Jump to content

Hip-Hop Fans?


Kyle
 Share

Recommended Posts

I've been a lurker in the music forums for quite awhile now and I don't see much discussion on hip-hop music. I did some searching on past forums and didn't find any threads. Why is this? Surely there are a few hip-hop fans around.

But maybe there isn't. I actually listen to very little hip-hop music. It's not that I dislike the sound of the music I just don't feel any social connection to the music. They are speaking a different language to a completly foreign culture.

Despite my current aversion to hip-hop, I was an avid fan from 1992-96. That said, there are some groups that I still respect and enjoy a great amount:

A Trible Called Quest

De La Soul

Digable Planets

the Pharcyde

Wu-Tang Clan

the Roots

Then there are the more instrumental acts such as DJ Shadow and Prefuse 73.

So what type of hip-hop do you like?

"It is scandalous for Christians to have an imagination starved for God." - Mark Filiatreau

I write occasionally at Unfamiliar Stars.

Link to comment
Share on other sites

I recently picked up the newest album from Common, produced by Kanye West, and it's pretty good.

I enjoy a lot of hip-hop music, but really find stuff like 50 Cent or The Game hampers my enjoyment of the rest of the genre.

However, I enjoy Outkast, Jurassic 5, Kanye West, Public Enemy, and The Beastie Boys.

"A director must live with the fact that his work will be called to judgment by someone who has never seen a film of Murnau's." - François Truffaut

Twitter.
Letterboxd.

Reviews and essays at Three Brothers Film.

Link to comment
Share on other sites

I grew up listening to mostly hip-hop in high school, along with alt rock. These days, the hip-hop I listen to is mostly by believers. Here are some favorites:

Mars ILL

Deepspace5

Listener

New Breed

Dert

Soul-Junk

peace,

bvl

How do they compare to popular hip-hop? I remember about ten years ago hip-hop within the Christian community was laughable at best. I'm sure it's much better now, I feel the Christian community as a whole has made great strides in this regards. I work as a youth minister and most of the kids that I work with listen to hip-hop exclusively. Frankly, I'm a bit disturbed by the lyrical content of most of the stuff they play. Since most don't pay attention to the lyrics anyway and if they do, it's not critically, I'm insterested in providing them a bit more "wholesome" options, hopefully with a positive spiritual bent. It might even be a great exercise for them to compare the lyrical content of different MC's.

"It is scandalous for Christians to have an imagination starved for God." - Mark Filiatreau

I write occasionally at Unfamiliar Stars.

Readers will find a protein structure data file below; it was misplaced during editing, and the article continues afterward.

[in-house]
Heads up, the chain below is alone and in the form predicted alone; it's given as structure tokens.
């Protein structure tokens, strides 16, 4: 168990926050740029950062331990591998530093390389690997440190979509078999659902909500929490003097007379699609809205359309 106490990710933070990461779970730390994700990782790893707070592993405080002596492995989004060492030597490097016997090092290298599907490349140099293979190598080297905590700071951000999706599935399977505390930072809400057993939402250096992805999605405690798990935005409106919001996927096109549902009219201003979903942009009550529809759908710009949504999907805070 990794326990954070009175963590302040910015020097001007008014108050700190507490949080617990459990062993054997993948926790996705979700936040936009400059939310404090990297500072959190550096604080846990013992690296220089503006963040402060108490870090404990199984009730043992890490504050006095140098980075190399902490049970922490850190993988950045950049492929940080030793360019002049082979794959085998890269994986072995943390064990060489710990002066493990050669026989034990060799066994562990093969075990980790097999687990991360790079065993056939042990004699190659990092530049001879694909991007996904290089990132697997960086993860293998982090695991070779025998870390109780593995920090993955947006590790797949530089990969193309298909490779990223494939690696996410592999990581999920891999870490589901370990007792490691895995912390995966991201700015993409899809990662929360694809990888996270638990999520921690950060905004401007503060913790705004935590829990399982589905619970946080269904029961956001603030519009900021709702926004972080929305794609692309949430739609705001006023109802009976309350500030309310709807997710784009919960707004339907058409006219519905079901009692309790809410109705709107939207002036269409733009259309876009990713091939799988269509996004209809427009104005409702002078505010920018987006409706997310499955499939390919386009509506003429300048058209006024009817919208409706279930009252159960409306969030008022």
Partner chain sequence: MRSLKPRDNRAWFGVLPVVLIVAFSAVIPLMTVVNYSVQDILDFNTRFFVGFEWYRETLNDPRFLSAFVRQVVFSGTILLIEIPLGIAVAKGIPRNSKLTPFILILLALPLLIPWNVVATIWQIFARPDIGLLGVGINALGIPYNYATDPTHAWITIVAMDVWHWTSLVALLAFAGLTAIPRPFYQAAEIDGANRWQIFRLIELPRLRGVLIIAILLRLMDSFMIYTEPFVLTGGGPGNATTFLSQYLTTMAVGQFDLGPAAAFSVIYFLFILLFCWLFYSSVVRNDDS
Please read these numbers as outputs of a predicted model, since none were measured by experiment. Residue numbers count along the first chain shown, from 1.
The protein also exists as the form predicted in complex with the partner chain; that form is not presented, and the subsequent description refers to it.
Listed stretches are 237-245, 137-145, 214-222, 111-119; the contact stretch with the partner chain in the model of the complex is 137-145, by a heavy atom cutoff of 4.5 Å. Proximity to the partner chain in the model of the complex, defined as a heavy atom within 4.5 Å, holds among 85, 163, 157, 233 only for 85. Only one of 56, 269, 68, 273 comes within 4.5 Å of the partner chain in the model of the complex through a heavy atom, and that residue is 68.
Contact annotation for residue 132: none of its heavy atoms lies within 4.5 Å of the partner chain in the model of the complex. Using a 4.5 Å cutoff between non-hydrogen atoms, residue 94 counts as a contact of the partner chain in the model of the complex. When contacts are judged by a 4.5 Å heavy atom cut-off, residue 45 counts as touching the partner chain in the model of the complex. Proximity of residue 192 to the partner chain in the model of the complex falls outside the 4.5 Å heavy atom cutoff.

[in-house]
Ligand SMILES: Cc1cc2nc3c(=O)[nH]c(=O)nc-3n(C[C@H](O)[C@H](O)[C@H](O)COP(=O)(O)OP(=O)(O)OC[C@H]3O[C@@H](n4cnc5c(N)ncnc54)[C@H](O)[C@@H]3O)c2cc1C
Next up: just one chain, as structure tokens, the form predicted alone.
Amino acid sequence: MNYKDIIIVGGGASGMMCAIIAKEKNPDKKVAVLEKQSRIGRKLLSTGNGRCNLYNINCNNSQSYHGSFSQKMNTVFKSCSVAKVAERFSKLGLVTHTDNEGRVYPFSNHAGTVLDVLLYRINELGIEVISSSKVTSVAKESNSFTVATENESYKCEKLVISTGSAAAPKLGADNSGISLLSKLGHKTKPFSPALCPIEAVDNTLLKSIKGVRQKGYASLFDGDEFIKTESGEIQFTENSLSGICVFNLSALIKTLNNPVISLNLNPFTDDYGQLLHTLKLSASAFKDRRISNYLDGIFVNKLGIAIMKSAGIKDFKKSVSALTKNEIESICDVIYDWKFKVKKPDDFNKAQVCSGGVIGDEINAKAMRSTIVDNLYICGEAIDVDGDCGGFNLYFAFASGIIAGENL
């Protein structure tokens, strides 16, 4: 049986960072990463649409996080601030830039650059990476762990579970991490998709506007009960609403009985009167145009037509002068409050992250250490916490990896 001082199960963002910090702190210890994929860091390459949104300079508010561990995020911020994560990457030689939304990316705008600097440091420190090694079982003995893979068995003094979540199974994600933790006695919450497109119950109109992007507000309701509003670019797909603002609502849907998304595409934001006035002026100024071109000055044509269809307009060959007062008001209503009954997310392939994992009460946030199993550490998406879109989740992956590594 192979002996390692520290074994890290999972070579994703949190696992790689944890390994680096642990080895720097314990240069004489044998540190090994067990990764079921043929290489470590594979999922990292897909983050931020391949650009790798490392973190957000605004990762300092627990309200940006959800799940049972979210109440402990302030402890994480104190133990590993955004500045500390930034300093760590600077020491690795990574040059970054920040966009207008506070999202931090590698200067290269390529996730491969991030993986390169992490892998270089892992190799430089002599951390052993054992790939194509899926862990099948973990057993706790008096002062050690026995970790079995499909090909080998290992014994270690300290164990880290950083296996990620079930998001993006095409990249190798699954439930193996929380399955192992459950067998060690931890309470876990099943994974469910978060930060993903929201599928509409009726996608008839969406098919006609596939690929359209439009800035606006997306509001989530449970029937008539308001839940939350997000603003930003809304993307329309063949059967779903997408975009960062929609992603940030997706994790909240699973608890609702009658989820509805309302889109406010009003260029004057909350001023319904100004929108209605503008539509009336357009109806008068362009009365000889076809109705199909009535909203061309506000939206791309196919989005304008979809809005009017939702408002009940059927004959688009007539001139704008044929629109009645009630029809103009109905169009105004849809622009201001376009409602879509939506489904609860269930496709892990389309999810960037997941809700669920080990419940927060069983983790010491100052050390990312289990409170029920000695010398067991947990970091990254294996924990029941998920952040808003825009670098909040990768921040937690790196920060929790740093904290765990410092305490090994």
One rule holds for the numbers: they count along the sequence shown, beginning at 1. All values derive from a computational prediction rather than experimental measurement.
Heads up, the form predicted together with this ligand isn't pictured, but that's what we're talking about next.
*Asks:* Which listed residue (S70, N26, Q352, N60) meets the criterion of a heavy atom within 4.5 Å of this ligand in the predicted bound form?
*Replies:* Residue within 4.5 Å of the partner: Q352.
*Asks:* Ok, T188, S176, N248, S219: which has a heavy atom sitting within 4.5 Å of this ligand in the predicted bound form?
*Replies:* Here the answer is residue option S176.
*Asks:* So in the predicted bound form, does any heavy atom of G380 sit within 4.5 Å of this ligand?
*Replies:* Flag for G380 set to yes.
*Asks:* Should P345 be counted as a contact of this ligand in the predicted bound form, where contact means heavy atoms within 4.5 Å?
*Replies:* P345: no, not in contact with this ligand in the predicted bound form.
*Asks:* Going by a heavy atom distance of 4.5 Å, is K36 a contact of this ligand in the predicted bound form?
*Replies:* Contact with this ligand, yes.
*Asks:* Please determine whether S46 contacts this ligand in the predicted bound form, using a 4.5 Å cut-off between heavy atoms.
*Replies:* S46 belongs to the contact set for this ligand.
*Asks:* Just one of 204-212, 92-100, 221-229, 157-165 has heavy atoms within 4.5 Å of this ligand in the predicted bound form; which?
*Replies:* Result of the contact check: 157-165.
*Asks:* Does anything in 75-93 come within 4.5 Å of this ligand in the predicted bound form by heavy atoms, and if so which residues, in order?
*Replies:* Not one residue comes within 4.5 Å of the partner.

Link to comment
Share on other sites

How do they compare to popular hip-hop?  I remember about ten years ago hip-hop within the Christian community was laughable at best.  I'm sure it's much better now, I feel the Christian community as a whole has made great strides in this regards.  I work as a youth minister and most of the kids that I work with listen to hip-hop exclusively.  Frankly, I'm a bit disturbed by the lyrical content of most of the stuff they play.  Since most don't pay attention to the lyrics anyway and if they do, it's not critically, I'm insterested in providing them a bit more "wholesome" options, hopefully with a positive spiritual bent.  It might even be a great exercise for them to compare the lyrical content of different MC's.

I grew up listening to a lot of hip-hop, and it's been kind of the musical center for much of what I've listened to and produced for the last 20 years, so I am pretty discerning. My tastes run to the Native Tongues (tribe called quest, de la soul, etc) side of things, as that's the music that really impacted me.

I've definitely run across some less-than-stellar Christian hip-hop, but you could also make the same statement about any kind of music, secular or Christian. The groups I listed off are great artists on a purely aesthetic level, and I'm not giving them a pass just because they're believers.

It's definitely an exciting time, as you alluded to. One note: most of the groups I listed are on the East Coast, underground vibe. There's quality Christian hip-hop that's closer to the mainstream in terms of sound and vibe, it's just not what I happen to listen to much myself. The beatmart crew would be a good place to start for that flavor.

Hope this helps,

bvl

Link to comment
Share on other sites

I grew up listening to a lot of hip-hop, and it's been kind of the musical center for much of what I've listened to and produced for the last 20 years, so I am pretty discerning. My tastes run to the Native Tongues (tribe called quest, de la soul, etc) side of things, as that's the music that really impacted me.

I've definitely run across some less-than-stellar Christian hip-hop, but you could also make the same statement about any kind of music, secular or Christian. The groups I listed off are great artists on a purely aesthetic level, and I'm not giving them a pass just because they're believers.